Purpose: The lifespan of people with severe mental illness (SMI) is shorter compared to the general population. There might be common familial pathway leading to a high co-occurrence of somatic disorders and SMI. To study this we explored the long-term mortality for natural causes in the offspring of people with SMI.
Methods: Participants were members of the Northern Finland Birth Cohort 1966 (NFBC1966; N = 11,325). The data on cause of deaths of the members were obtained from the Population Register Center until year 2015. The data on hospital-treated psychiatric disorders of parents were obtained from nationwide Care Register for Health Care. Cumulative incidences by age were calculated in the NFBC1966 members having a parent with SMI and those who did not have. We were able to take into account multiple confounders.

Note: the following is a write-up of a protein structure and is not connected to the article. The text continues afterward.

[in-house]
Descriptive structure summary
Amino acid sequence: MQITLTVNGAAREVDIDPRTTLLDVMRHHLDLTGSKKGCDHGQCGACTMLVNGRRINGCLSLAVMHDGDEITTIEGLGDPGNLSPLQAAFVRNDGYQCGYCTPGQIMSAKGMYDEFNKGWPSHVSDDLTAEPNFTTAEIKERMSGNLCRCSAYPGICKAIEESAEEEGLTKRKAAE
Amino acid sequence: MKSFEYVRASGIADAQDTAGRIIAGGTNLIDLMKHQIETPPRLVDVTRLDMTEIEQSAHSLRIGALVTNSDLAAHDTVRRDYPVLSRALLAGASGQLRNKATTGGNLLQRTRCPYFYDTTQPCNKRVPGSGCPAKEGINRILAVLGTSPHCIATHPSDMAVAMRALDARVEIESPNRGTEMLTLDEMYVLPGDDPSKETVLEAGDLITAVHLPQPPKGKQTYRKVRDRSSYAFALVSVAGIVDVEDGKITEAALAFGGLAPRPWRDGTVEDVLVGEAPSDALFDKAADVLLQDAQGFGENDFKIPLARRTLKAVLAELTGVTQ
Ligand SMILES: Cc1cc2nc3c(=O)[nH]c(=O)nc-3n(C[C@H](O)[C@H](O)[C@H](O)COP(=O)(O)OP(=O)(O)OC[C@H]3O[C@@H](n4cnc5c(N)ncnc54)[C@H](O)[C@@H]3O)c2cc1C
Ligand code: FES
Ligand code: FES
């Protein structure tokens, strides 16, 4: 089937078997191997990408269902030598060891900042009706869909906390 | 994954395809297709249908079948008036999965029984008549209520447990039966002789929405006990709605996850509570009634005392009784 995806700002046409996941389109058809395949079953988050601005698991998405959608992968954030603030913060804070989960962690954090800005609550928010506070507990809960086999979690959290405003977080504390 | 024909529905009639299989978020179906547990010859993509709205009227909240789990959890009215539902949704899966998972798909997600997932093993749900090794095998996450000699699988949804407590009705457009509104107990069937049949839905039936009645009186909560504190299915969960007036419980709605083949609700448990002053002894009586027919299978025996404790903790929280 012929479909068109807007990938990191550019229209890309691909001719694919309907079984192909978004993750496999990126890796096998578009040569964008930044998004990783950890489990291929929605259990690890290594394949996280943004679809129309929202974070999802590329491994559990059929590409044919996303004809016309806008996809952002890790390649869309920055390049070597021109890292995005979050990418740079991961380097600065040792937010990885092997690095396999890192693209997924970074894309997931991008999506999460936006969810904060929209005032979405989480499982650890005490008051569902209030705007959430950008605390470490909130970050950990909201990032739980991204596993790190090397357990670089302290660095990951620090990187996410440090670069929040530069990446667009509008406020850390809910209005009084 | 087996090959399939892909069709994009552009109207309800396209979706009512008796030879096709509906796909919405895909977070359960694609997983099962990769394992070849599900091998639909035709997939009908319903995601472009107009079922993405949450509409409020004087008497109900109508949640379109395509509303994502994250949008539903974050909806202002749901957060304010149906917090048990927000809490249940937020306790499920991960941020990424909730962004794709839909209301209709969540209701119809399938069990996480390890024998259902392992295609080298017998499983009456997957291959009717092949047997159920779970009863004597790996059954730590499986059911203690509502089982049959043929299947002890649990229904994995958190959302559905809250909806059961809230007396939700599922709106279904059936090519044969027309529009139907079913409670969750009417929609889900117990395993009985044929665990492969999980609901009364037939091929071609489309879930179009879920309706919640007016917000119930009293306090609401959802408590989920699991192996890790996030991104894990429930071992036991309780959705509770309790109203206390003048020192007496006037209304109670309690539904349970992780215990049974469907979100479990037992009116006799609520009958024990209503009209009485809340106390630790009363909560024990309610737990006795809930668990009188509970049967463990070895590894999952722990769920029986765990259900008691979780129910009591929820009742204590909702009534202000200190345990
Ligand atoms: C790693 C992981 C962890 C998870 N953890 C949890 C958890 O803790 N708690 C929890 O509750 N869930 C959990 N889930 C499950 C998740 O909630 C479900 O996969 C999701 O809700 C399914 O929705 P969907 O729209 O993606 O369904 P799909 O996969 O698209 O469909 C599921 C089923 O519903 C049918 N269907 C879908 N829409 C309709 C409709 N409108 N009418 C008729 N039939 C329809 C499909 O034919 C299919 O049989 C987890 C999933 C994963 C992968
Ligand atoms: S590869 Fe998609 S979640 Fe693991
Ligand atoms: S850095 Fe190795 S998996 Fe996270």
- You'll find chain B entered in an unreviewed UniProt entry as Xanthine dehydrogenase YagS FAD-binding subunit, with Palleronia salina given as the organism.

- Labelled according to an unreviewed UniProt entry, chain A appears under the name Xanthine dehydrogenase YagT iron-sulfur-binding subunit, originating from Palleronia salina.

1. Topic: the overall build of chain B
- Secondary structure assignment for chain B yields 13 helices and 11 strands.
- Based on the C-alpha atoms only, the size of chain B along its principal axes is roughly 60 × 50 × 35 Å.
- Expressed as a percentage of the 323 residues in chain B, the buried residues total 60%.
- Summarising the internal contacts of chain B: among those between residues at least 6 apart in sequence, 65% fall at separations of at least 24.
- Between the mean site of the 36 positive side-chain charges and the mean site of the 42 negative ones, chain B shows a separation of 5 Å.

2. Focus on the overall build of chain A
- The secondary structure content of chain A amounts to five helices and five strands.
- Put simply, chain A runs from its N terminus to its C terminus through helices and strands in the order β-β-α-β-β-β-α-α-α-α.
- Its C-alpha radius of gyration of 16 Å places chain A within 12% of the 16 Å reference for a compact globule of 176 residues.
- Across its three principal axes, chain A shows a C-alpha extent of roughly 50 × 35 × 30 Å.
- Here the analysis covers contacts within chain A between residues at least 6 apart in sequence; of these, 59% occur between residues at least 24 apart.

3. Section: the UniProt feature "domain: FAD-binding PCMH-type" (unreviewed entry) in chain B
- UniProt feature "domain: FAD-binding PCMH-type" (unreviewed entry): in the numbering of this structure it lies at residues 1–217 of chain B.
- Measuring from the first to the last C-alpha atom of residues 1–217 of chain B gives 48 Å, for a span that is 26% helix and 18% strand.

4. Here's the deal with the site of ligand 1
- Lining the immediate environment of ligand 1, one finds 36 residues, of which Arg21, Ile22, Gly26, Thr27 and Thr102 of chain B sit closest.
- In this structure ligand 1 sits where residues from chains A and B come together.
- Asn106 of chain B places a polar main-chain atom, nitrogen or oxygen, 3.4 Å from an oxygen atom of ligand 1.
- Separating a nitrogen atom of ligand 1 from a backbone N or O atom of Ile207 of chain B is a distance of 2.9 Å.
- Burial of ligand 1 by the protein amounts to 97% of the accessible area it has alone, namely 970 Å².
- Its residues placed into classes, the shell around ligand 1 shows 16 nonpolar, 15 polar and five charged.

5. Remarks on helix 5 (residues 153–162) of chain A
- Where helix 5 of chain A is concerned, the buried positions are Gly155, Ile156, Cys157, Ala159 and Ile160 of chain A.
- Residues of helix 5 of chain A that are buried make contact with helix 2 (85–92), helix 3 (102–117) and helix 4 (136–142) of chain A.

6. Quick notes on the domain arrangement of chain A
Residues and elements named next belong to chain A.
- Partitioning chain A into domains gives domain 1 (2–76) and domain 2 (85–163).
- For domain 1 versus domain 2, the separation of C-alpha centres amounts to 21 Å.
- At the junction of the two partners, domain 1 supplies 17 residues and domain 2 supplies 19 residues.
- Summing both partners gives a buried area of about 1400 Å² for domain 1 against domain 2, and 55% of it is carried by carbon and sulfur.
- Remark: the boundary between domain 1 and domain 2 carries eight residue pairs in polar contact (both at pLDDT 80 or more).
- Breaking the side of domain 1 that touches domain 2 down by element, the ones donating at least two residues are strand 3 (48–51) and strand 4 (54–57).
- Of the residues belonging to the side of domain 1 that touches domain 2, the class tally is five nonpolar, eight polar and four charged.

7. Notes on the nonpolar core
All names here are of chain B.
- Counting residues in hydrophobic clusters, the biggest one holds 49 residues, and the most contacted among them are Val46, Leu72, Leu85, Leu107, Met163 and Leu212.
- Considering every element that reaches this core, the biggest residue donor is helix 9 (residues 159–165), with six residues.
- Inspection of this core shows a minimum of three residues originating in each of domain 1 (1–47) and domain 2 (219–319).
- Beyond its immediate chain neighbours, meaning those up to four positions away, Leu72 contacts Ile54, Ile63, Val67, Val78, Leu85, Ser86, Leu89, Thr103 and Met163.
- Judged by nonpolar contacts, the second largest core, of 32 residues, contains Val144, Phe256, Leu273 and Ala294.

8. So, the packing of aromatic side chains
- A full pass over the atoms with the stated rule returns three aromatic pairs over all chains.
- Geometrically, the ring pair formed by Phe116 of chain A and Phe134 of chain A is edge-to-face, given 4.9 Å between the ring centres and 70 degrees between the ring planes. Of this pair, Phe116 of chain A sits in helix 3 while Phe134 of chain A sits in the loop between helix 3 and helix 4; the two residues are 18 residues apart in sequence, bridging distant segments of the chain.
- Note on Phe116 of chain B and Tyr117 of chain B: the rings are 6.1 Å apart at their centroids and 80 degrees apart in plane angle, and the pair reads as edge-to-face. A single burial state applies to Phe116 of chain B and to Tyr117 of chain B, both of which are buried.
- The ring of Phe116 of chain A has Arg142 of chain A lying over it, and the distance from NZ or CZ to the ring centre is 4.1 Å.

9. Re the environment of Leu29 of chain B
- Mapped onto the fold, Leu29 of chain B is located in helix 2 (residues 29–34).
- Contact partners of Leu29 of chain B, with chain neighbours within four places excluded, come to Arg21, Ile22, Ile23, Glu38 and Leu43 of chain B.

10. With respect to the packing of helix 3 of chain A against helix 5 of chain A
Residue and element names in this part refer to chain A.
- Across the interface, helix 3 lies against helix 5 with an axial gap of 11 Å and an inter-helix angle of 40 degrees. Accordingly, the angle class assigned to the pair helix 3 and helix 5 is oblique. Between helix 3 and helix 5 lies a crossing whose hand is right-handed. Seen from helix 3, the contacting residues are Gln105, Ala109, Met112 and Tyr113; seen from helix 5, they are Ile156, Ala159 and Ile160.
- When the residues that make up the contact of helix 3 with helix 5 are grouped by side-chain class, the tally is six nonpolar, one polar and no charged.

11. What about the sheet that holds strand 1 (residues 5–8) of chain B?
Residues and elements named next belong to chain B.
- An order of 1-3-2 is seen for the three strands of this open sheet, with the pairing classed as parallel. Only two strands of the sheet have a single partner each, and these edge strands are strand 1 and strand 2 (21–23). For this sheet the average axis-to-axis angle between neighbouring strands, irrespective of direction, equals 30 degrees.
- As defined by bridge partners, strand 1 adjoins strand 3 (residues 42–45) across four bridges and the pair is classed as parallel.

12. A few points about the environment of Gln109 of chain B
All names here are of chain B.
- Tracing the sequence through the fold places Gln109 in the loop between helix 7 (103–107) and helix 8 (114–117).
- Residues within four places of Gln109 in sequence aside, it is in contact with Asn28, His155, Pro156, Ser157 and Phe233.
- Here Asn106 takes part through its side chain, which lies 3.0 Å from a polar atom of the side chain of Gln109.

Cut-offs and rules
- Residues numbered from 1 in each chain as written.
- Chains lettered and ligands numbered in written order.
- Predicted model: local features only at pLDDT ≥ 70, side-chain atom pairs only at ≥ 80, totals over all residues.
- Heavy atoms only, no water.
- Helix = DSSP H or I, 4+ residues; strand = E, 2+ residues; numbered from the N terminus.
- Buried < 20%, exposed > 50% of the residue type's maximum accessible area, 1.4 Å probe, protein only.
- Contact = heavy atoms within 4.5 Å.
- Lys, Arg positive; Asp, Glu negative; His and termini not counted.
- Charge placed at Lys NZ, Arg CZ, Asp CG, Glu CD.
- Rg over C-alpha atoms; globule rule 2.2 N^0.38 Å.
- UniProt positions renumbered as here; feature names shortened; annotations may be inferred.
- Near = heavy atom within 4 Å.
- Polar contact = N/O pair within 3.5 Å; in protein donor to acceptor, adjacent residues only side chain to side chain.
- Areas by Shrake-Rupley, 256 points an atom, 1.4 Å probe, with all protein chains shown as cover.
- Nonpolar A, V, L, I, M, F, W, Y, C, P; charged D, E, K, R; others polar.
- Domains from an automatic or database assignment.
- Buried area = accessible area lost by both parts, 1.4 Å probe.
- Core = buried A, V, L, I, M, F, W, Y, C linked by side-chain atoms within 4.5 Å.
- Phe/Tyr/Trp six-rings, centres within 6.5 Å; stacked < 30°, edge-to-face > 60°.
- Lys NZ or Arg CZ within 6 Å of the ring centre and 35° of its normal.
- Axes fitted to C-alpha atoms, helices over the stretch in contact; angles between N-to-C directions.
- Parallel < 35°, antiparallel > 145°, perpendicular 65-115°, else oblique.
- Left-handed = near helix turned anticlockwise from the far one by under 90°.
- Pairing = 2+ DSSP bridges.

Results: Of the total sample of 11,325 offspring, 853 (7.4%) died during the follow-up period, 74 (8.7%) from the study cohort and 779 (91.3%) from the comparison group. These numbers included 160 stillborn children. There were 557 cases of deaths from diseases and medical conditions and 296 deaths from external causes. The adjusted risk ratio for offspring of mothers with SMI was 1.08 (0.72-1.64), and for offspring of fathers with SMI 0.58 (0.36-0.93).
Conclusions: This was the first long-term follow-up study (up to age 49) of all-cause mortality in offspring of parents with SMI. Our findings were contrary to expectations. Offspring of parents with SMI had no increased risk for dying. In fact, the risk for dying in the group of offspring of fathers with SMI was lower than in the comparison group. This study does not support the assumption of common familial pathway leading to a high co-occurrence of somatic disorders and SMI.
Keywords: Bipolar disorder; Depression; Mortality; Natural causes; Offspring; Schizophrenia; Severe mental illness.